Like most people, you want to be able to be in a position where (should an elderly loved one needs care) that you have the time to provide it. However, in many circumstances, no amount of time can truly meet the needs of a family member or friend who needs special attention.
In such a scenario, your best option may be to entrust their care to a nursing home facility that has both the medical and staffing resources to continually help them. When doing so, your baseline expectation should be that they closely monitor their presence. Who, then, holds liability if and when your loved one wanders from the facility and sustains an injury?
Identifying a wanderer
You might think that it goes without saying that should such a situation occur, the facility and its staff share in the liability. Yet it may not be that cut-and-dry. No facility can prevent every random event from occurring; your family member or friend suddenly up and leaving could fall under that category. It is in identifying that possibility where liability lies. Federal law mandates that facility caregivers conduct a comprehensive assessment of new patients within 14 days of admission, the result of which should identify the potential for wandering (such as one suffering from dementia).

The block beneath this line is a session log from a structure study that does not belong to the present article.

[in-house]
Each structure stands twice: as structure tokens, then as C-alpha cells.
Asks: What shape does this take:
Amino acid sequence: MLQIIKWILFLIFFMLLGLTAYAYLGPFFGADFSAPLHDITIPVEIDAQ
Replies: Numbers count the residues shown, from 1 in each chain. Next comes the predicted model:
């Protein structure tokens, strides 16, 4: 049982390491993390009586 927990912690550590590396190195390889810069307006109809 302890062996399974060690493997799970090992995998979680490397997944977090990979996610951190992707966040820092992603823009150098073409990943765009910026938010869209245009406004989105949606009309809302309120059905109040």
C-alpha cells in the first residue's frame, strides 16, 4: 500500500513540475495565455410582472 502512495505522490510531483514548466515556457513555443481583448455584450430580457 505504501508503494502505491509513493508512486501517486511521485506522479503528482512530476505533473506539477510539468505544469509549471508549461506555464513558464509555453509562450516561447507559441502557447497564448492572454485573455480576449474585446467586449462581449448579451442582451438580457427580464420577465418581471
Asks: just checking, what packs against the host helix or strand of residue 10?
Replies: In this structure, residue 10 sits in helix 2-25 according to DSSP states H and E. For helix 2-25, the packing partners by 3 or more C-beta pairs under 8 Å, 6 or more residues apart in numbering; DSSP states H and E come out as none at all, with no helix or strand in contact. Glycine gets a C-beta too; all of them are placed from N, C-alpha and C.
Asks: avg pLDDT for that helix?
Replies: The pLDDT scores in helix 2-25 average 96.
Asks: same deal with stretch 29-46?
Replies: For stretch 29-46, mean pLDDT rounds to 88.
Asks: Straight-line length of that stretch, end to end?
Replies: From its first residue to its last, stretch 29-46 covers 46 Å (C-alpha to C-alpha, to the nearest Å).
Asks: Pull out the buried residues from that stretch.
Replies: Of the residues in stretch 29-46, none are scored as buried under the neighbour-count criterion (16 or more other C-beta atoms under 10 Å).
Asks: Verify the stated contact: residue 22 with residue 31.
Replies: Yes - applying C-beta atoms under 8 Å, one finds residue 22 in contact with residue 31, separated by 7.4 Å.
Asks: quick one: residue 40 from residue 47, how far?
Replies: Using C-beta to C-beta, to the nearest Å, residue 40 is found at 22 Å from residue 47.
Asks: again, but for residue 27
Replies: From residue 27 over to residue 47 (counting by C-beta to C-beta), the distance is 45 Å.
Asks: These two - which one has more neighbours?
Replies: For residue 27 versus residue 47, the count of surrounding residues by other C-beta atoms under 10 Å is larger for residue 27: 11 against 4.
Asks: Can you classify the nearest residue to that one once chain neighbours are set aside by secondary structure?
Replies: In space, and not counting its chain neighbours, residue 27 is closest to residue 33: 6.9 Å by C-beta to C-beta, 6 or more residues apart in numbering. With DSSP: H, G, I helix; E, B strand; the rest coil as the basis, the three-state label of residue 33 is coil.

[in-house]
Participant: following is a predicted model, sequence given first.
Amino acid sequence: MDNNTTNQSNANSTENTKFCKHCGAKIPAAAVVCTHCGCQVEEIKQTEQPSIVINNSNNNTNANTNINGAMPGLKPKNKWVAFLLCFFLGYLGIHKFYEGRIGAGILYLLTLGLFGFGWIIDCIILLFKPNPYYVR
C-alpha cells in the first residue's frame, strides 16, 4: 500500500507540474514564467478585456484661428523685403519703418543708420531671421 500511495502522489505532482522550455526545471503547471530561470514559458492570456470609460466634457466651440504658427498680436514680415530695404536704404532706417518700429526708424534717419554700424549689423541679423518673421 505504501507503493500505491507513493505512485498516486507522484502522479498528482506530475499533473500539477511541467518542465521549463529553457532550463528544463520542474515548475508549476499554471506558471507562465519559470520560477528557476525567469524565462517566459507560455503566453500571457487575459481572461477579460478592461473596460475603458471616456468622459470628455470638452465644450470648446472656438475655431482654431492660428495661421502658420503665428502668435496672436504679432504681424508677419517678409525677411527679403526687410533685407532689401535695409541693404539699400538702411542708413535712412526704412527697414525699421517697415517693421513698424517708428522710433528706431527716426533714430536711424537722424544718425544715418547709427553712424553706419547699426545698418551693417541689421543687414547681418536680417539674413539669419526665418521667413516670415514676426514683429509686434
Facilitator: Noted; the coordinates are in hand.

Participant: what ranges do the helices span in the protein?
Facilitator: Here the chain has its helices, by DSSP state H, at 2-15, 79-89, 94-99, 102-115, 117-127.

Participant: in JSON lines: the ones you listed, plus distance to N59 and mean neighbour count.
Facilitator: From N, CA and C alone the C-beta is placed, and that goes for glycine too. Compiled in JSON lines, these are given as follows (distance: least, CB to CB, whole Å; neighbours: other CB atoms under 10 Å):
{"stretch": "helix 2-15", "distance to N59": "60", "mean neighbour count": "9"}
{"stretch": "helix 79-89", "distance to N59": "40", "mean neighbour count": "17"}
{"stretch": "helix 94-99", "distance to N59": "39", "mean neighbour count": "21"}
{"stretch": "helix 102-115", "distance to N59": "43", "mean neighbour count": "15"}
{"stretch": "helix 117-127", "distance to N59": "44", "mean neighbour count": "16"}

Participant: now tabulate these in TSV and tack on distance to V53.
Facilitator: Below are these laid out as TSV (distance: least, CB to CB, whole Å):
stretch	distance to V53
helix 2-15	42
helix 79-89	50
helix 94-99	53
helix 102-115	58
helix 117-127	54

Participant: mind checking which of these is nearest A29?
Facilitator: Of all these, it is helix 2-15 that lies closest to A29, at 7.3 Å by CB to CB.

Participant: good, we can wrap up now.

Defining the standard of care for dealing with wanderers
At the very least, a facility should follow a standard of care for accounting for the potential of wandering. According to information shared by the Marquette Law School, that should include:
- Developing activities and prevention programs to address wandering
- Having a swift, comprehensive and facility-wide method to quickly mobilize and look for a missing resident
- Keeping the facility secure enough to make a case of wandering unlikely
With such a plan in place, the potential of a wanderer suffering an injury diminishes (thus reducing the potential for liability).